It really does feel like the end of an era. Hate Man occupied this shed for nearly 40 years. And today we moved the last box of Hate Man’ stuff out of it. So his last physical presence on the scene is gone, gone, gone.
I spent a few moments lingering in the empty shed this afternoon. The only thing left were a few pictures and nick-knacks that Hate had tacked to the walls. I shut the door and locked the lock for the last time. And that was that.
I had had a key to the shed, off and on, for the last 6 years. It started when I was working the recycling gig with Hate. I would regularly ferry his big garbage bags of recycling from his campsite in the Park to the shed. And Hate let me store some of my stuff in the shed. Which is a great luxury when you live on the streets — to have some of your valuables behind lock-and-key.
And it felt good that Hate Man trusted me with the key. Because, with the incredibly public life Hate led, the shed was his one private space. Hate Man was a man who literally welcomed the entire world to be part of his life. But the shed was the one place where he tried to keep the world at bay.
I remember the first time I heard of Hate Man — God, it must have been around 1980. And when they told me he lived in a garage, that seemed like one of the craziest things I had ever heard. “How does a grown man live in a garage? Where does he go to the bathroom? How does he cook his food??” Ha ha.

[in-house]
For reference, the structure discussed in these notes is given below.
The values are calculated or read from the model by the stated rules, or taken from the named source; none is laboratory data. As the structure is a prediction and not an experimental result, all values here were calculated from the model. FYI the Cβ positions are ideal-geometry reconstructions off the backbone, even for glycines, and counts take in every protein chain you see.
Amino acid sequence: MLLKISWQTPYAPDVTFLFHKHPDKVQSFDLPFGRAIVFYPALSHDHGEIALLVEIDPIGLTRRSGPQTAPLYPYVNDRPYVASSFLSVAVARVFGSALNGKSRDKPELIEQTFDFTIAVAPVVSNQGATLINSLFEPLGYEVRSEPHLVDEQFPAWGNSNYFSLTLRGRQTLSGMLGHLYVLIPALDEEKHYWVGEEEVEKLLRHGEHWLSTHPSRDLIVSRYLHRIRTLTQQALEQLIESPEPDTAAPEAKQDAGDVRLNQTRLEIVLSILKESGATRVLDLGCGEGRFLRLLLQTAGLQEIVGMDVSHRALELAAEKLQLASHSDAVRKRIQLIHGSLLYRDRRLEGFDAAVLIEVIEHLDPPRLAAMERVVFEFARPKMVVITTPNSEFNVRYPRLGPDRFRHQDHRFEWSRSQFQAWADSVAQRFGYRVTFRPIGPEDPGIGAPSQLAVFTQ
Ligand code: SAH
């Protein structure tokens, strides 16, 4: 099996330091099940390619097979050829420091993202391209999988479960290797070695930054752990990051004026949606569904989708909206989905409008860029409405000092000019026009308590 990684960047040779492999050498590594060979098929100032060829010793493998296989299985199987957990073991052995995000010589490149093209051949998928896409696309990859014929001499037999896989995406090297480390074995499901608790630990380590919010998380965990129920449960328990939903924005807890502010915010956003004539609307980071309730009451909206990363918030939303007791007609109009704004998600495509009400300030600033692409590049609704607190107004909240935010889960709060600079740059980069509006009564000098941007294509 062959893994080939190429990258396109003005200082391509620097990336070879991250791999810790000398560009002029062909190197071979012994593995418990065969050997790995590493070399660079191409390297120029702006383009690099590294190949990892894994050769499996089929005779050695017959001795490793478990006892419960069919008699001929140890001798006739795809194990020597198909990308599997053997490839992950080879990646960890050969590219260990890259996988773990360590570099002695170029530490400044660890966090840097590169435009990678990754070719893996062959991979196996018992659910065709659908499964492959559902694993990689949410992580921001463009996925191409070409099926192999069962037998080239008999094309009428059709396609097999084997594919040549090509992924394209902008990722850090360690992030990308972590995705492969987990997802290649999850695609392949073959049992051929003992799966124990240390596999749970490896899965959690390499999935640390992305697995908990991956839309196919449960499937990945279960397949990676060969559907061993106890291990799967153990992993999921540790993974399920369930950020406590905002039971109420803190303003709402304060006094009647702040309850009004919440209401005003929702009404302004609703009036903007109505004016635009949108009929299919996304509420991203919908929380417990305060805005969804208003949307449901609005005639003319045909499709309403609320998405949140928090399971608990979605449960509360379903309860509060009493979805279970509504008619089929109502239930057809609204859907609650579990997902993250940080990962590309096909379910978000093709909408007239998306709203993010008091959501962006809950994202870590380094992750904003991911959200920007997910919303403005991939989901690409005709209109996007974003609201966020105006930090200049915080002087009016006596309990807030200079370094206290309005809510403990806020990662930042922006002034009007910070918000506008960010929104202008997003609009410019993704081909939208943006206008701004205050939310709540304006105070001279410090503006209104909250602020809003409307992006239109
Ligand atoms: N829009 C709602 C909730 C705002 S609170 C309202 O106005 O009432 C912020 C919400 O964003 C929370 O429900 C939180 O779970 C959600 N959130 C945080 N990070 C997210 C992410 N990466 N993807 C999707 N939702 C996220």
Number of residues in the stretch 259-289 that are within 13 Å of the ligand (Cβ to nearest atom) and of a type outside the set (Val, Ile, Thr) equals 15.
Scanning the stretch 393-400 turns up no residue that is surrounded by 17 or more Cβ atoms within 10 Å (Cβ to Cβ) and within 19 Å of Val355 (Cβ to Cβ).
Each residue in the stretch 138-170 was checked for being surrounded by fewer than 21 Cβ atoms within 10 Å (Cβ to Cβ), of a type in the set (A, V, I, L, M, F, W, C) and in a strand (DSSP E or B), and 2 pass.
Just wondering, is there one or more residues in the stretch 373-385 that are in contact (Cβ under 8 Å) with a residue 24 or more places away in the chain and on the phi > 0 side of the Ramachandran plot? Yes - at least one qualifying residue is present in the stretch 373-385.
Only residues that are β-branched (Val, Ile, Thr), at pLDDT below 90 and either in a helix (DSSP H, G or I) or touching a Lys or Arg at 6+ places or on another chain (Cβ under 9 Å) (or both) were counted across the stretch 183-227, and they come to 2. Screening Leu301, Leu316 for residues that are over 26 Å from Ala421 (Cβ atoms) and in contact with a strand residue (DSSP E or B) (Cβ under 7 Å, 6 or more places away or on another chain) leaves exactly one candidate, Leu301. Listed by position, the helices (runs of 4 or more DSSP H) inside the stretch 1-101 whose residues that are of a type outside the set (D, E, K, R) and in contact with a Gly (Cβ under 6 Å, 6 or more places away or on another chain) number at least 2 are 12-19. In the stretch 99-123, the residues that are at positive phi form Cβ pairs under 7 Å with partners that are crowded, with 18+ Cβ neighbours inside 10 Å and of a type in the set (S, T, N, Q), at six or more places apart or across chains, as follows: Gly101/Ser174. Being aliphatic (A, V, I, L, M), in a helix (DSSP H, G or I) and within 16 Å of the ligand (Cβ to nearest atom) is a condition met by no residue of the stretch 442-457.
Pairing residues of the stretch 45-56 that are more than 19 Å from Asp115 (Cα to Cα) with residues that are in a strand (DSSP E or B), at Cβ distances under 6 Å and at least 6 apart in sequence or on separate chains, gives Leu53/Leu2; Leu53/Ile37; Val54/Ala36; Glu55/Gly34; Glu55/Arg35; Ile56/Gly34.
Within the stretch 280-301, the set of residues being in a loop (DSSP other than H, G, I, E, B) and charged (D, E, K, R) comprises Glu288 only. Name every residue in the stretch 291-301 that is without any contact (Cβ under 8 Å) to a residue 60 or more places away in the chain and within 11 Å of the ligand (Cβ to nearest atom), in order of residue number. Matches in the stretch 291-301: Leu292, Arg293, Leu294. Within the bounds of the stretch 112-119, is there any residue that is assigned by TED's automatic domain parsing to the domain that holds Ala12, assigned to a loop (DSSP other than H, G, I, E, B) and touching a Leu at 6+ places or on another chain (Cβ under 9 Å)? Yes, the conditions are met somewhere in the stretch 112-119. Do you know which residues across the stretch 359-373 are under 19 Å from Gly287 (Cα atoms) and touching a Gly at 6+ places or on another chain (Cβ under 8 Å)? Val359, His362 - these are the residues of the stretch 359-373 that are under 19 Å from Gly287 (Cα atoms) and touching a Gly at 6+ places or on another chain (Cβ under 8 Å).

I remember a favorite period where me and Duncan and our friends would go down to the shed every evening to hang with Hate Man after we packed up our vending tables at the end of the day. And we’d pound a couple cans of Olde English as we quietly unwinded from the day. And the conversation around Hate Man was usually pretty lively and entertaining and often very funny. And those were some golden moments.
My last interaction with Hate Man involved the shed. He had suddenly rushed off to the hospital with a medical emergency. And he’d left all of his camping stuff on the sidewalk. I got an urgent message to pack up all of Hate Man’s stuff (and anybody who knows Hate Man knows that Hate Man had a LOT of stuff, ha ha) and haul it all to the shed before it got soaked by the rain or thrown out by the groundskeepers. And I managed to get it all stored safely in the shed just before the rain started to come down.
Unfortunately Hate Man died shortly after that. But at least all of his crap lived on. Ha ha.
But it was a weird feeling. After all the years of experiencing Hate Camp — the decades of this wild, crazy, free-form, street circus — which was dutifully packed up every night at the end of the day. I had packed up Hate Camp for the last time.